Our Top Picks for Language Arts by Amanda H @ Hopkins Homeschool

Multiple Approaches to Language Arts in 2017 by Laura @ Day by Day in Our World

How We Cover the Language Arts in Our Homeschool by Joelle @ Homeschooling for His Glory

Use Your Words by Laura @ Four Little Penguins

The Art of Perfecting Macarons by Jennifer @ A Glimpse of Our Life

Loving Languages Every Day by Jen K @ A Peace of Mind

Speech Therapy & Elementary Latin by Yvie @ Gypsy Road

The Readin' and Writin' Part of Homeschool by Shecki @ Greatly Blessed

Children Who Love Books by Lizzy @ Peaches At Home

Customizing High School Language Credits by Christy @ Unexpected Homeschool

A Poetry Feast by Sarah @ Delivering Grace

Teaching Language Arts without Curriculum by Brittney @ Mom's Heart

I know your pain and it is worth it! by Kim @ Good Sweet Love

Language Arts: Our Style by Annette @ A Net in Time

Words! Words! Words! by Lisa M @McClanahan 7

10 Wonderful Word Games (+1) by Lori @ At Home: where life happens

Finding the Right Words by Kym @ Homeschool Coffee Break

What About Reading Comprehension? by Kristen @ Sunrise to Sunset

Teaching Grammar and Writing Through Discussion by Chelli @ The Planted Trees

2017 vcf-004

Would you like to join us? Link up your homeschool posts on language arts:


  1. I have learned that it doesn't matter what I want in the homeschool. I can have a general goal, but I have to listen to the kids. That is what makes homeschooling so much fun, letting the kids pick how and what they want to learn!

  2. We are starting high school next year, so I am soaking up all the help I can get!
    I love the idea that they can plan and influence their studies in high school and that they can pick and choose how best to learn the skills they need. Because for me, that's what education is, learning skills. That's why we always work toward mastery and cut out any busy work.

    1. My view of education is a little more holistic---I see skills as just a part of the whole. I agree that busy work is something to be avoided. ;)

  3. Yep, kid driven is always best, but so hard for me to do as well! Sounds like you all done well at succeeding!

  4. Very good points! Teach the child you have, not the child you imagine you have. Been there with my oldest too!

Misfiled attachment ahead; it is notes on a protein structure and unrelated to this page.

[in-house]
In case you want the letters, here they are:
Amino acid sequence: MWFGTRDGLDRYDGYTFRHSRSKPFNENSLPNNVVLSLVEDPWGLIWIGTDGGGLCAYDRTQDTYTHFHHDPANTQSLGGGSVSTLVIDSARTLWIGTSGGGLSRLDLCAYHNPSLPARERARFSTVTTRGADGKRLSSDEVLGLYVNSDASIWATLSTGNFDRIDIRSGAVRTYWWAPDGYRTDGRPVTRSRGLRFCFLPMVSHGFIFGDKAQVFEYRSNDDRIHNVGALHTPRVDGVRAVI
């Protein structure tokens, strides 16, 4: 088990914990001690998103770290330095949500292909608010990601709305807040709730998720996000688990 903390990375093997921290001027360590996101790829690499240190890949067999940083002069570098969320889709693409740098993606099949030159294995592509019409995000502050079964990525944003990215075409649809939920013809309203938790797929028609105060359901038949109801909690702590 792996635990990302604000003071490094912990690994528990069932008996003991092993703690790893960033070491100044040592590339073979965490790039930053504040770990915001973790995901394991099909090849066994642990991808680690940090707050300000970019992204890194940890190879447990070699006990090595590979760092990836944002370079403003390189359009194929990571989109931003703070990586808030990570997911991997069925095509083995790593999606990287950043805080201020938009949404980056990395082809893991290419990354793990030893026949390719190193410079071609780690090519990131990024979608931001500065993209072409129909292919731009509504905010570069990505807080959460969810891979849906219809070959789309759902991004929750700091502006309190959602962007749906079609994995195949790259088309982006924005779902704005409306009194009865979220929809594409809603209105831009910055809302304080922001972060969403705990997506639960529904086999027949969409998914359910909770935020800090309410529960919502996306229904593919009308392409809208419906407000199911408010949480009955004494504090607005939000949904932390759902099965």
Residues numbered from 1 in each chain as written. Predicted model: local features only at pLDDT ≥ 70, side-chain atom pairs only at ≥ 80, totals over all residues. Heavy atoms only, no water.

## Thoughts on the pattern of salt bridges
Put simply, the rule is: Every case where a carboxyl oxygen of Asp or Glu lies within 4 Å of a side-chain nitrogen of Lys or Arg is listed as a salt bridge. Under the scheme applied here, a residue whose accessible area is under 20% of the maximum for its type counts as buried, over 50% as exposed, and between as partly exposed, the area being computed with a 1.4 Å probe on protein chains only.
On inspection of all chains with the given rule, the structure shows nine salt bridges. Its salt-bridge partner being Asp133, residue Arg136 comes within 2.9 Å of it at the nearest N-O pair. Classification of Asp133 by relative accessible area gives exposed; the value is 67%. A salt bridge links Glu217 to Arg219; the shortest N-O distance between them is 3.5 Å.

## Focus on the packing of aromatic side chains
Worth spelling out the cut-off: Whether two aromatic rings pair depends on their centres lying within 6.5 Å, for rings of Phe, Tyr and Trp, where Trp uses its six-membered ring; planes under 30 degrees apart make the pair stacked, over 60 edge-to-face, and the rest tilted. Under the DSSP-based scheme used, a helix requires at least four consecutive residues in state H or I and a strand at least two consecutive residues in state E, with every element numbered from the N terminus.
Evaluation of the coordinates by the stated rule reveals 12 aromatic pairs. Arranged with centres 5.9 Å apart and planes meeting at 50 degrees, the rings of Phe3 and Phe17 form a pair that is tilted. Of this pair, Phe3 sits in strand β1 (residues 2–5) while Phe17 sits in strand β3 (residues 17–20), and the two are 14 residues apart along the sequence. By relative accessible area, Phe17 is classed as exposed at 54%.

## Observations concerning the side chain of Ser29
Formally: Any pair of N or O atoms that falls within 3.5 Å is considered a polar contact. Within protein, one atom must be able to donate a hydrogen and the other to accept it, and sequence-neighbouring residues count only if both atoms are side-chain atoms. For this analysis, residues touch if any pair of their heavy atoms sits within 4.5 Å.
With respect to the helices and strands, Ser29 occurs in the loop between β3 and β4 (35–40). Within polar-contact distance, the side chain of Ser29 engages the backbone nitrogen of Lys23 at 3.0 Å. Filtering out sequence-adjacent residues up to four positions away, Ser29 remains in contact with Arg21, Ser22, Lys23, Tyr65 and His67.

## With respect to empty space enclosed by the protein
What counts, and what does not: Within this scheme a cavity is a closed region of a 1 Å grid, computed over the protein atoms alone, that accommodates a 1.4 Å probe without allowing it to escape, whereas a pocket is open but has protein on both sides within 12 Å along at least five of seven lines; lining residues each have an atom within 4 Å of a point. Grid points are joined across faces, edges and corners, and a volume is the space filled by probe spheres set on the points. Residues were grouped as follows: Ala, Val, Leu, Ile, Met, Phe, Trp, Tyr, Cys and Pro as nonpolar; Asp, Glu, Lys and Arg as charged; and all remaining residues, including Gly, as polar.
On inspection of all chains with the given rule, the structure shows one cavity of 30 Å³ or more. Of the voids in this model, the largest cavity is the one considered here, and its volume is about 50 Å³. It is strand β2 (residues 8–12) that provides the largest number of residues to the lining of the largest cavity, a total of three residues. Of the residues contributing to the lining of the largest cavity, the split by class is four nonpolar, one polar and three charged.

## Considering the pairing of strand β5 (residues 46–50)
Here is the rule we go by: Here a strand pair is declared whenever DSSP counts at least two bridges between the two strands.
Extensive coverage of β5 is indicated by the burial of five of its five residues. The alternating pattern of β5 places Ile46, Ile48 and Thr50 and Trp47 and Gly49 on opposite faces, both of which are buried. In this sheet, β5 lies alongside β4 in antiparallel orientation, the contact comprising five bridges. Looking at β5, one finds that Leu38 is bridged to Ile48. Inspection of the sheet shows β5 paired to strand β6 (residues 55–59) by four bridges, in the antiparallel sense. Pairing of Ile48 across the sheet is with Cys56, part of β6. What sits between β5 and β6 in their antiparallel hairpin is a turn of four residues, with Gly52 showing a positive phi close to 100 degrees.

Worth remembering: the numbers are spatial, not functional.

5. I agree! Every kid is different and one reason we homeschool is to provide them each with the education they need.

  6. How did you record keep and account for the "grade" on the transcript?

    1. Hi Kristine,
      Good question---thank you for asking. I should probably take the time to write a detailed blog post on this topic, but it was beyond the scope of that particular post. ;)

      In a nutshell:
      I document coursework by keeping records of what was done. Or rather, my teen does. He has a log where he records time spent and what he did in that time. So, he records novels read, time spent writing papers, time spent writing stories, time spent discussing things with mom, etc.

      My son has a gridded sheet with slots for him to fill in, but a simple spiral notebook also works (he just likes to see his whole week on one page).

      He emails me his papers/stories, etc. so that I have a copy saved to my computer as well as the paper copy I print out to read and discuss with him. This way I can keep several final writing samples and even rough drafts.

      For English, if your child is reading an average of an hour a day and writing or discussing an hour a day for the school year, you've more than got it covered hour-wise (a credit is 120-180 hours).

      For grading a delight-directed course, honestly---the kid is going to earn an A, because tthis is his passion! But all grades in my homeschool are honest and true---I don't just pull them out of the air. You can develop your own rubric for each course, simply decide what elements will contribute to the grade and what percentage they are of the grade. This rubric can be included in your course descriptions.

      I recommend catching a webinar or reading some articles by Lee Binz for ideas on how to translate delight-directed learning into numbers of transcripts: She has some great ideas for quantifying things that are hard to quantify. :)

      I hope this helps!

      Good luck in your homeschool journey,

    2. Sorry, I meant to add Lee's website for you: